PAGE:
Qi, B.

Qian, L.

Raffaelli, F.

Reidler, I.

I. Reidler, Y. Aviad, M. Rosenbluh, and I. Kanter, “Ultrahigh-speed random number generation based on a chaotic semiconductor laser,” Phys. Rev. Lett. 103(2), 024102 (2009).
[Crossref]

Rosenbluh, M.

I. Reidler, Y. Aviad, M. Rosenbluh, and I. Kanter, “Ultrahigh-speed random number generation based on a chaotic semiconductor laser,” Phys. Rev. Lett. 103(2), 024102 (2009).
[Crossref]

Roy, R.

Salevan, J. C.

Salinas, I.

A. Villafranca, J. A. Lázaro, I. Salinas, and I. Garcés, “Measurement of the Linewidth Enhancement Factor in DFB Lasers Using a High-Resolution Optical Spectrum Analyzer,” IEEE Photon. Technol. Lett. 17(11), 2268–2270 (2005).
[Crossref]

Sang, L.

Shen, Y.

Y. Shen, L. Tian, and H. Zou, “Practical quantum random number generator based on measuring the shot noise of vacuum states,” Phys. Rev. A 81(6), 063814 (2010).
[Crossref]

Shields, A. J.

Z. L. Yuan, M. Lucamarini, J. F. Dynes, B. Fröhlich, A. Plews, and A. J. Shields, “Robust random number generation using steady-state emission of gain-switched laser diodes,” Appl. Phys. Lett. 104(26), 261112 (2014).
[Crossref]

Shore, K. A.

Sibson, P.

Sych, D.

C. Gabriel, C. Wittmann, D. Sych, R. Dong, W. Mauerer, U. L. Andersen, C. Marquardt, and G. Leuchs, “A generator for unique quantum random numbers based on vacuum states,” Nat. Photonics 4(10), 711–715 (2010).
[Crossref]

Ta-Shma, A.

N. Nisan and A. Ta-Shma, “Extracting Randomness: A Survey and New Constructions,” J. Comp. Sys. Sci. 58(1), 148–173 (1999).
[Crossref]

Thompson, M. G.

Tian, L.

Y. Shen, L. Tian, and H. Zou, “Practical quantum random number generator based on measuring the shot noise of vacuum states,” Phys. Rev. A 81(6), 063814 (2010).
[Crossref]

Tomaru, T.

Trevisan, L.

L. Trevisan, “Extractors and pseudorandom generators,” J. Assoc. Comput. Mach. 48(4), 860–879 (2001).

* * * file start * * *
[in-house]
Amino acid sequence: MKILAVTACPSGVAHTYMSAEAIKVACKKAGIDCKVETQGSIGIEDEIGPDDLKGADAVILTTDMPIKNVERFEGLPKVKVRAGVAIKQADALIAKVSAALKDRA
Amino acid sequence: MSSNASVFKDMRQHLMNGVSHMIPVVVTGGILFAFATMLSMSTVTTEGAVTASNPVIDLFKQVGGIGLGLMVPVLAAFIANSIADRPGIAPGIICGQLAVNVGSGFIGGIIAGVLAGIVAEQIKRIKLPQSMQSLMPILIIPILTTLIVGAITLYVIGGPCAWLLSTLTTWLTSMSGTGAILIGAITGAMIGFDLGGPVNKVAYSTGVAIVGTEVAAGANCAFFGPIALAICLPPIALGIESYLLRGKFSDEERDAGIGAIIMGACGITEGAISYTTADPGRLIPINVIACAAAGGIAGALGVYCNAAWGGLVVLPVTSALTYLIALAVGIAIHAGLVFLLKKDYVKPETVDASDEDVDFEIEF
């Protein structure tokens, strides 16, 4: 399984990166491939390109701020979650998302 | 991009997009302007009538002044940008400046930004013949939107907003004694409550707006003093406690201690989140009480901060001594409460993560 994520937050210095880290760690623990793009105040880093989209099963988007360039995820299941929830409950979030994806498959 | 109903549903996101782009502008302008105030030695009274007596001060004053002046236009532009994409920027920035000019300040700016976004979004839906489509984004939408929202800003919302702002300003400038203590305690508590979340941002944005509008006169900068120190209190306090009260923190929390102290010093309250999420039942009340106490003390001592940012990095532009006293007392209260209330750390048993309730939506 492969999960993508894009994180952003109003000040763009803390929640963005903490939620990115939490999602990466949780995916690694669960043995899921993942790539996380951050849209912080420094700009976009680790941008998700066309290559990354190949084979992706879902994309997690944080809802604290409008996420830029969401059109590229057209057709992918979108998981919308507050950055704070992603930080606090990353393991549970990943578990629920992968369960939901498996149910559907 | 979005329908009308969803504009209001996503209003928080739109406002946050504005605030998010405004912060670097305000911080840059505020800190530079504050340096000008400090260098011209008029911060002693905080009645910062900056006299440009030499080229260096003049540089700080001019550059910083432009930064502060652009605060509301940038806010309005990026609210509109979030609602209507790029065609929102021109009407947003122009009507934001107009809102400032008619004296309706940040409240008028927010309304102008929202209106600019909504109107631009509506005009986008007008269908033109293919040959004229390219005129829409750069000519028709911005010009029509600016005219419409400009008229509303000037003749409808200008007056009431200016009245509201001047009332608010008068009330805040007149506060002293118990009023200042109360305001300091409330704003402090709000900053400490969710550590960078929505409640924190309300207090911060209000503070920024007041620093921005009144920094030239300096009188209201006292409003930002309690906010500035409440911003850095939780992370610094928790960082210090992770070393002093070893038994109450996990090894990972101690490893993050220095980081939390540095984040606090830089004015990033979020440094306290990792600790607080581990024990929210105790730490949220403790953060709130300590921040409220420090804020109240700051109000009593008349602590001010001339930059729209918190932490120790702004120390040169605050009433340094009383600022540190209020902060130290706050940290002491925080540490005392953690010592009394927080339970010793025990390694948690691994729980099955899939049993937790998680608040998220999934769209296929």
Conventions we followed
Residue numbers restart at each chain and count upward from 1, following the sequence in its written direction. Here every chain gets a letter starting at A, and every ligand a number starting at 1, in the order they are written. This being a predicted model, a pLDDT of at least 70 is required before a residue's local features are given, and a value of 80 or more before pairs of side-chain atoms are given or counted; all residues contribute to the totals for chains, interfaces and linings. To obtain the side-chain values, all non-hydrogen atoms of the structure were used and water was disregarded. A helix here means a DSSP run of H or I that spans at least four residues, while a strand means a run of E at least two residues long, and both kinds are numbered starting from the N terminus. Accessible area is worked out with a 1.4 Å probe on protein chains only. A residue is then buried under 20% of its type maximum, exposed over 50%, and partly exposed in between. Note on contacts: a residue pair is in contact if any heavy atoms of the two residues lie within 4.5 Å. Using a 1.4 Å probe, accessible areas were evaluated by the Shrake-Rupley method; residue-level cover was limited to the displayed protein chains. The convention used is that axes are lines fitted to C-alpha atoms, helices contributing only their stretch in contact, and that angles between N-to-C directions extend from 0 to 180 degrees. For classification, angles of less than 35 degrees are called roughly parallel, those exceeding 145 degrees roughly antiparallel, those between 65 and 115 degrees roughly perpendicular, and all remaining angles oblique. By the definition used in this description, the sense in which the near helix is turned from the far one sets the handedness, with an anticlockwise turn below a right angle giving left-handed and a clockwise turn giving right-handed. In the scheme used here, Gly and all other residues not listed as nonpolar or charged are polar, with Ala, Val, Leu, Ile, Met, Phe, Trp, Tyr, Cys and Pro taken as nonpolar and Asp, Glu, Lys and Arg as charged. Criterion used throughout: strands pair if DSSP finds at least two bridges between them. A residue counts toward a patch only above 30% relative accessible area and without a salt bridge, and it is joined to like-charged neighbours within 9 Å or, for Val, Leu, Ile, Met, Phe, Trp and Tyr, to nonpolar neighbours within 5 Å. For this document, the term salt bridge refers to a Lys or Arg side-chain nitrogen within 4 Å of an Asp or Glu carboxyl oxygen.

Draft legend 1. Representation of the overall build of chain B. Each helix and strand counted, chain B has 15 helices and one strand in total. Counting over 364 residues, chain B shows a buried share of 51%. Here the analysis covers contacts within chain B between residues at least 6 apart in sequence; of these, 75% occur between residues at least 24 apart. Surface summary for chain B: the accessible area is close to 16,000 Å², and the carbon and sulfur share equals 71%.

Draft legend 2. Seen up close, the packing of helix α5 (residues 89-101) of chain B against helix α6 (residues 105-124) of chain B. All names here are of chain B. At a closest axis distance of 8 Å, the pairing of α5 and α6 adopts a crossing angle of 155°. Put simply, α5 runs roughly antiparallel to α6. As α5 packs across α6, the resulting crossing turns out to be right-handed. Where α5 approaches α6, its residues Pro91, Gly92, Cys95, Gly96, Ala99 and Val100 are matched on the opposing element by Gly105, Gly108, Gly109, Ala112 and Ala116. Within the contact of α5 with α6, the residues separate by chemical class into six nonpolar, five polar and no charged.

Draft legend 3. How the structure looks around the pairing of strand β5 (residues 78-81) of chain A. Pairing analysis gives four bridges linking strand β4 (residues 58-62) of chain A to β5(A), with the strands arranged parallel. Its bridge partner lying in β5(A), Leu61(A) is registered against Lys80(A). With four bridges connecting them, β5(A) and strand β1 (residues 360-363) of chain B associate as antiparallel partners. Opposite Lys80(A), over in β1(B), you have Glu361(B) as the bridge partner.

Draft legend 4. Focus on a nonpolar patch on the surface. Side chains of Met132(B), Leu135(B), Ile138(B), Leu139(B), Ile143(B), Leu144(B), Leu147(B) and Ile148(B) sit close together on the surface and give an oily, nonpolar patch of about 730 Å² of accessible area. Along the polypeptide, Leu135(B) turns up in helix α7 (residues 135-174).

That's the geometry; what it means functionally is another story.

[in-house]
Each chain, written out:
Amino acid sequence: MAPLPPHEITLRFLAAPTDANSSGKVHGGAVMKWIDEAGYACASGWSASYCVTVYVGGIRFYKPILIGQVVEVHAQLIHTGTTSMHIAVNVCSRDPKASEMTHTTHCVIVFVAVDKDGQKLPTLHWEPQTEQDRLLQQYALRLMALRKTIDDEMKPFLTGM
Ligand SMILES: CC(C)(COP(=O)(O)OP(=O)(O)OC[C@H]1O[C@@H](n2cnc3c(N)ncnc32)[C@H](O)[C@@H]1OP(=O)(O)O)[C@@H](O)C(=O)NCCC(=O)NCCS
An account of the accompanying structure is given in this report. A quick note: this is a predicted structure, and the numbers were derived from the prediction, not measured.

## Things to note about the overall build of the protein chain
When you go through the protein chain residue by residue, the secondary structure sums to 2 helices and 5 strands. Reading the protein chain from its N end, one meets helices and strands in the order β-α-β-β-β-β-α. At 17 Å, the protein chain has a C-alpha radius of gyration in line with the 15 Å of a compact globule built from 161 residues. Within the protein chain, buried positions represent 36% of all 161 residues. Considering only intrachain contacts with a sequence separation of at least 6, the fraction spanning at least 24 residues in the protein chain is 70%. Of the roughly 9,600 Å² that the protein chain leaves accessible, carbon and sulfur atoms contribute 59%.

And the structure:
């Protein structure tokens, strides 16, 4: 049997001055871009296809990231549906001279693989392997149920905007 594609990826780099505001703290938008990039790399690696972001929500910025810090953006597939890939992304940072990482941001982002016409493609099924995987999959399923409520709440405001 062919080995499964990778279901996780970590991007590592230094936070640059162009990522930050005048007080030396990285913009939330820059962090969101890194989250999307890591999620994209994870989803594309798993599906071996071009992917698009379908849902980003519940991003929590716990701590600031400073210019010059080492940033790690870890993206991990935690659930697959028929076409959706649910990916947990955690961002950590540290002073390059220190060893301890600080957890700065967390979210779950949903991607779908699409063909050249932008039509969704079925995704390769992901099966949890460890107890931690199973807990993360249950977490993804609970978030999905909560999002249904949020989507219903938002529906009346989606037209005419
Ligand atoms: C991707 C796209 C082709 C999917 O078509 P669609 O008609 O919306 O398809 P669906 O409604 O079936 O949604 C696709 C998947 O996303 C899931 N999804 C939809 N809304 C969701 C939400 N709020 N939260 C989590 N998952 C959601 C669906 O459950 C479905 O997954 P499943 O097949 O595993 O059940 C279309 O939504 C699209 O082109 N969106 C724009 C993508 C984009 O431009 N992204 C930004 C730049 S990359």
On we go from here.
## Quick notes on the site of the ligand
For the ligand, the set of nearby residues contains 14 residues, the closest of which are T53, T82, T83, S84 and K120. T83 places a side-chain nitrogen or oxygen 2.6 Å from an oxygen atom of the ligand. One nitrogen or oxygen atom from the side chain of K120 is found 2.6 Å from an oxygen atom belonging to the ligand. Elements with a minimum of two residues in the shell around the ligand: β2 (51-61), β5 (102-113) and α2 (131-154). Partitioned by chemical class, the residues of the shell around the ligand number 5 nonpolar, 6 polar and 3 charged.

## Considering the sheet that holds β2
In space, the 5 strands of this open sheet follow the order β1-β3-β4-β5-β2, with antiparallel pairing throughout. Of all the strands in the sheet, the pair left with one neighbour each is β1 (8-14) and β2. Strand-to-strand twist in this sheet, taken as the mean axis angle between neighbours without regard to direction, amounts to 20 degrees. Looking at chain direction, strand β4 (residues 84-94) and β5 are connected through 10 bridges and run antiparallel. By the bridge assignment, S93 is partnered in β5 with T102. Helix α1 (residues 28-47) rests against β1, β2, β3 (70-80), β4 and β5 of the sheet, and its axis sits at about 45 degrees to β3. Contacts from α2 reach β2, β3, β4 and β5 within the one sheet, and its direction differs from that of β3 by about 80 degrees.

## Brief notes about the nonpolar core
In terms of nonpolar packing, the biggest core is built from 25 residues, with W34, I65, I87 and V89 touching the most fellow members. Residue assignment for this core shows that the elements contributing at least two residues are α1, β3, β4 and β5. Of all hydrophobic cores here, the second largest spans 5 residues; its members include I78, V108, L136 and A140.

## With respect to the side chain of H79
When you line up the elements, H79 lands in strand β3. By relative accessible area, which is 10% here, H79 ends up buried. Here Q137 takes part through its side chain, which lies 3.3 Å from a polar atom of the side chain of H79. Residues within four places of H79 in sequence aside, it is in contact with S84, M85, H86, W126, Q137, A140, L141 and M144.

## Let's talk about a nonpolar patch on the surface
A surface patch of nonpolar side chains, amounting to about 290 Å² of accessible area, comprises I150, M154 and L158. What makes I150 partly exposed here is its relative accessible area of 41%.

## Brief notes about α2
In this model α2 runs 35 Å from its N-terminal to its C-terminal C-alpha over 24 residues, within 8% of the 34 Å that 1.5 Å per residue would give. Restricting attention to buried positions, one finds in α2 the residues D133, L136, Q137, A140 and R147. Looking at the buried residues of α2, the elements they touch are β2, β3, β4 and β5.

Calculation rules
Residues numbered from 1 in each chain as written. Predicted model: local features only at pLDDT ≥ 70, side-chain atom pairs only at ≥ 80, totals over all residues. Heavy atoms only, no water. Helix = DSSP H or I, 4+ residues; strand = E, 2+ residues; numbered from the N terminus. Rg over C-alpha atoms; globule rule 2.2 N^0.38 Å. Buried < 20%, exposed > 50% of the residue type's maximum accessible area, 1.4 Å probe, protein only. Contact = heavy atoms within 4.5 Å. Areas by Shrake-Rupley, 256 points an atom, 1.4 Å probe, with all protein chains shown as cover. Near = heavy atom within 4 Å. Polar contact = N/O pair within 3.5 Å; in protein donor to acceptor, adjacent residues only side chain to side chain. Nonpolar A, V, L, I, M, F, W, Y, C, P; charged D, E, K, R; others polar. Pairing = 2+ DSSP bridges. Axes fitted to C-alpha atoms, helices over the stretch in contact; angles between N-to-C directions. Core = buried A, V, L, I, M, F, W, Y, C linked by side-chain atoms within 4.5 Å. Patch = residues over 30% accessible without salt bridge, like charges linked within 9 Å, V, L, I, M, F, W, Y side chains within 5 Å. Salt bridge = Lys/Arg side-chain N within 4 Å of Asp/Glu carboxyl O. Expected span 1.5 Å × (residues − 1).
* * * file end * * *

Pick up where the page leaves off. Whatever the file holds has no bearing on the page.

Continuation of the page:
[Crossref]

Vahala, K.

K. Vahala, “Occupation fluctuation noise: A fundamental source of linewidth broadening in semiconductor lasers,” Appl. Phys. Lett. 43(2), 140–142 (1983).
[Crossref]

Villafranca, A.

A. Villafranca, J. A. Lázaro, I. Salinas, and I. Garcés, “Measurement of the Linewidth Enhancement Factor in DFB Lasers Using a High-Resolution Optical Spectrum Analyzer,” IEEE Photon. Technol. Lett. 17(11), 2268–2270 (2005).
[Crossref]

Wang, A.

Wang, Y.

Weihs, G.

T. Jennewein, U. Achleitner, G. Weihs, H. Weinfurter, and A. Zeilinger, “A fast and compact quantum random number generator,” Rev. Sci. Instrum. 71(4), 1675–1680 (2000).
[Crossref]

Weinfurter, H.

T. Jennewein, U. Achleitner, G. Weihs, H. Weinfurter, and A. Zeilinger, “A fast and compact quantum random number generator,” Rev. Sci. Instrum. 71(4), 1675–1680 (2000).
[Crossref]

Welford, D.

D. Welford and A. Mooradian, “Observation of linewidth broadening in (GaAl)As diode lasers due to electron number fluctuations,” Appl. Phys. Lett. 40(7), 560–562 (1982).
[Crossref]

Williams, C. R. S.

Wittmann, C.

C. Gabriel, C. Wittmann, D. Sych, R. Dong, W. Mauerer, U. L. Andersen, C. Marquardt, and G. Leuchs, “A generator for unique quantum random numbers based on vacuum states,” Nat. Photonics 4(10), 711–715 (2010).
[Crossref]

Xu, B.

P. Li, Y. Guo, Y. Guo, Y. Fan, X. Guo, X. Liu, K. A. Shore, E. Dubrova, B. Xu, Y. Wang, and A. Wang, “Self-balanced real-time photonic scheme for ultrafast random number generation,” APL Photonics 3(6), 061301 (2018).
[Crossref]

Xu, F.

Xu, H.

Xue, L.

Yuan, Z. L.